Wannabe Indonesian terrorist hurt in botched suicide bombing

Seven policemen escape injury after 'lone-wolf' attacker detonates low-grade explosives ahead of Eid celebrations
Wannabe Indonesian terrorist hurt in botched suicide bombing

Indonesian police guard a police post after a suspected suicide bomber detonated a bomb in front of the post in Kartasura, in central Java on June 3. (Photo by Anwar Mustafa/AFP)

A sympathizer of the so-called Islamic State (IS) has ended up in hospital after a botched suicide bombing on June 3 outside a police post in Indonesia’s Central Java province.

Rofik Asharudin, 22, suffered injuries to his stomach, hands and legs after detonating explosives strapped to his waist, National Police spokesman, Dedi Prasetyo, told journalists.

He was being treated in hospital in the provincial capital Semarang.

Seven police officers were on duty at the security post in Kartasura sub-district when the blast occurred. They were monitoring traffic during the annual end of Ramadan exodus prior to the Eid'l Fitr holiday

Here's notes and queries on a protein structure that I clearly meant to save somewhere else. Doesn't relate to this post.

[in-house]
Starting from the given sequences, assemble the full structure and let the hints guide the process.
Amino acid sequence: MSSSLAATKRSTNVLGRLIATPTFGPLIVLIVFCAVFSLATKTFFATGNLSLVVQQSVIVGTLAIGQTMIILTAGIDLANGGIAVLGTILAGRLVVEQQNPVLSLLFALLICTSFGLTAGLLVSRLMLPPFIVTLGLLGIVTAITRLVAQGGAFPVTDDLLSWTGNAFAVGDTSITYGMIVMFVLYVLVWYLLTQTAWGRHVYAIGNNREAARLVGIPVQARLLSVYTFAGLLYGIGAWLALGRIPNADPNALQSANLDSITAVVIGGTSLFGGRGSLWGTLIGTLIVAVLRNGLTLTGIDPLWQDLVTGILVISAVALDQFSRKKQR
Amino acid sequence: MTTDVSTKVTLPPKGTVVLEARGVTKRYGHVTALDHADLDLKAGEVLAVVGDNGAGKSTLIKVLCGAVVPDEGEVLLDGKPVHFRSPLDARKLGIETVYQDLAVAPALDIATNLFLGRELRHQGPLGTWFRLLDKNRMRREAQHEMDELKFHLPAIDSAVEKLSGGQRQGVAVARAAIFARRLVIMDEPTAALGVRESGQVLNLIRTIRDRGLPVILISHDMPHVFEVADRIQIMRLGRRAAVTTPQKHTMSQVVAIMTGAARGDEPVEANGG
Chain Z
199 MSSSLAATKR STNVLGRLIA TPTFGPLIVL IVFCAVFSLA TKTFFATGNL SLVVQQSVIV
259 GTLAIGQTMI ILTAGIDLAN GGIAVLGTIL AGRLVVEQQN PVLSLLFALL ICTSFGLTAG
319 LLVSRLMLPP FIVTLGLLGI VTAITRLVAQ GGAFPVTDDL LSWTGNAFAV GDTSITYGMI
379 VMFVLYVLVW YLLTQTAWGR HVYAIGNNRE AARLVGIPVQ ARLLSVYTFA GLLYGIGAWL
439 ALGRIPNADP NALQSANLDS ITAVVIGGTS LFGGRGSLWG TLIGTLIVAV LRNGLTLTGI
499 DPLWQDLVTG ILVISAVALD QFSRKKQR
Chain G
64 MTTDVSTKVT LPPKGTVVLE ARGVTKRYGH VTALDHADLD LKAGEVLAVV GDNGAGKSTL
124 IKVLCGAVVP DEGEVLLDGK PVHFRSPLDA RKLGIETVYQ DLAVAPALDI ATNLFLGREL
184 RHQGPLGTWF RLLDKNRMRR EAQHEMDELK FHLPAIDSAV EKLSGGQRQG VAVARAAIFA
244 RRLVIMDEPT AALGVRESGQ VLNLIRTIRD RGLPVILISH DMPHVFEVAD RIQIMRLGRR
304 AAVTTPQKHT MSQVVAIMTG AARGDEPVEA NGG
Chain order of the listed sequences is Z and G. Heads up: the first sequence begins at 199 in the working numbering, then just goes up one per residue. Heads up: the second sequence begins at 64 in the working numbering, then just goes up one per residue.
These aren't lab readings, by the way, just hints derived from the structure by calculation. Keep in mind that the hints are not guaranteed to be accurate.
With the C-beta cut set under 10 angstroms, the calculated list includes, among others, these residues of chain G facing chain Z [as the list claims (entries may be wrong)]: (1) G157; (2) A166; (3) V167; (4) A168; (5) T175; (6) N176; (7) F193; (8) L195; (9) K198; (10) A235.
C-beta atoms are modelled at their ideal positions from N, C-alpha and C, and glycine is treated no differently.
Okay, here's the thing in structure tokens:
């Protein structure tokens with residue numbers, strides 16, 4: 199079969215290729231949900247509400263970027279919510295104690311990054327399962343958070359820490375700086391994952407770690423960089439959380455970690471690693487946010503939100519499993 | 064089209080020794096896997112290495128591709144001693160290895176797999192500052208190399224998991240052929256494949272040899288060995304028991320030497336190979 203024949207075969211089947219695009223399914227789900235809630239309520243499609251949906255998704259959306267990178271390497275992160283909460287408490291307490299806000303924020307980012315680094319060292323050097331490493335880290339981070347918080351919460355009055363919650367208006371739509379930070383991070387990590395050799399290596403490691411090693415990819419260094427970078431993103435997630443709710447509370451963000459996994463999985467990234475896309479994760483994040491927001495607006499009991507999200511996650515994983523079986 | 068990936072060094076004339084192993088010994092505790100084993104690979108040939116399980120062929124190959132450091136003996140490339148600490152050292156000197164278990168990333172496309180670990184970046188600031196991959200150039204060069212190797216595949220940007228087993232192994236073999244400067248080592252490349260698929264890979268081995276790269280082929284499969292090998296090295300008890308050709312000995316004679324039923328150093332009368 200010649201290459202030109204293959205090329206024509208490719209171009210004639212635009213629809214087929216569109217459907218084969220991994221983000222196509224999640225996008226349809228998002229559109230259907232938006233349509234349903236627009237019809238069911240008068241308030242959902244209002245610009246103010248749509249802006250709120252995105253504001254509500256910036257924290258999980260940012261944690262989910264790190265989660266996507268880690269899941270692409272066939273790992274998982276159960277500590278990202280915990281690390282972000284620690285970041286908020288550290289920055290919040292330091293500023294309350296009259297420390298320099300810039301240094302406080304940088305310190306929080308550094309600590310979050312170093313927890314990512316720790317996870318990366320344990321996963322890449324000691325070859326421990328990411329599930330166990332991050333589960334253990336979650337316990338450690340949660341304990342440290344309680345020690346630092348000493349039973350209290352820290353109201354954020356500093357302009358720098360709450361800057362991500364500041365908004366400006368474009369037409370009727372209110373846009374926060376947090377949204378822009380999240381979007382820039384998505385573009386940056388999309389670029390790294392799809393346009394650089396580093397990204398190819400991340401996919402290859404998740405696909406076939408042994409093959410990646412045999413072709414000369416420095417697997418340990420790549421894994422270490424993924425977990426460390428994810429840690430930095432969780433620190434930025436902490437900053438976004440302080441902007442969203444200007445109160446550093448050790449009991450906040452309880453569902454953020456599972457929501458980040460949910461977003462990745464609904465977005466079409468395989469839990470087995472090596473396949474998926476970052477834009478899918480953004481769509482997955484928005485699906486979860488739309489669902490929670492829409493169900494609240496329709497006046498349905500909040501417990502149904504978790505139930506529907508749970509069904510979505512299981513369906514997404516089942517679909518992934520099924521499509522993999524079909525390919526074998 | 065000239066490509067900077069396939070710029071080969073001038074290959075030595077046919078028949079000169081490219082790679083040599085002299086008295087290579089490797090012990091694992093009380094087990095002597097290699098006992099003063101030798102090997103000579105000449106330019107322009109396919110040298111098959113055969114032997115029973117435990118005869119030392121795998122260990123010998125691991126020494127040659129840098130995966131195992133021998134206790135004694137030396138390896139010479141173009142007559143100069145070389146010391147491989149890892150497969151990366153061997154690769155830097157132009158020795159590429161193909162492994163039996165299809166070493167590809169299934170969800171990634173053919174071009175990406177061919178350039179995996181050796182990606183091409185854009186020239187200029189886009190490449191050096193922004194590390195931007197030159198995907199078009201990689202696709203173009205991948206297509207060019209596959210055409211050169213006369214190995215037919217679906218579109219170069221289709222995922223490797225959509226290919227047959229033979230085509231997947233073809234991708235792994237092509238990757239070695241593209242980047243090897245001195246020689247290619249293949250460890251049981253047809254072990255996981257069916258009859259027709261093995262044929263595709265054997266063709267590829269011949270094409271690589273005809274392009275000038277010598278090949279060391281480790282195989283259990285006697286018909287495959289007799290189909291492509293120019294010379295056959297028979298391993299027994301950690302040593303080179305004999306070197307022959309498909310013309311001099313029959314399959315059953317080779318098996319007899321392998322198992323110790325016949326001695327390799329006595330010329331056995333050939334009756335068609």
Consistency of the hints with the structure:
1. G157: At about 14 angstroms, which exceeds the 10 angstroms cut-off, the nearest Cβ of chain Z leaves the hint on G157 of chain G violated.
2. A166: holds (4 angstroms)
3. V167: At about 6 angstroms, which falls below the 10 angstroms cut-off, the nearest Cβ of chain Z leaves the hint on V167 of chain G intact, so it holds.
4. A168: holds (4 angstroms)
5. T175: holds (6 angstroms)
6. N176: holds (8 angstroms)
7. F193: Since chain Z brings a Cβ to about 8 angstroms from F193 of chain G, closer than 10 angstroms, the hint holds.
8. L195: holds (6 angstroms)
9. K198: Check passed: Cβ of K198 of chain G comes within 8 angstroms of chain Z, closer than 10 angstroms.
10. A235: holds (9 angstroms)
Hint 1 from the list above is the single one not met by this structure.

Nobody was hurt other than the bomber, Prasetyo said.

A search of the bomber’s home by anti-terrorist police found bomb-making equipment, the police spokesman said, adding that the would-be suicide bomber was influenced by IS teachings.

Police had already spoken to the bomber, but would interview him further when he has recovered sufficiently, Prasetyo said. 

It is believed Asharudin could be a lone wolf terrorist since no link has yet been found between him and known terror networks, such as the IS-linked Jamaah Ansharut Daulah (JAD).

In May last year suspected members of the group bombed three churches in Indonesia’s second largest city Surabaya, killing 28 people.

Ridwan Habib, a terrorism expert at University of Indonesia, said the very nature of the attack indicated that Asharudin acted alone. 

Habib said Asharudin was evidently not a skilled bomb maker, as his device comprised low-grade explosive material such as found in fireworks.

The attack was also carried out near his home after 10.p.m. when few people were around.

“According to eyewitnesses, he appeared hesitant in getting closer to the police post, suggesting he was an amateur and emotionally unstable young man who was influenced by radical teachings,” he said.

The attack bore similarities to one in 2017, in which a lone suicide bomber blew himself up just before Eid al-Fitr celebrations at a police station in Solo, also in Central Java province. The bomber died and several policemen were injured in the blast. 

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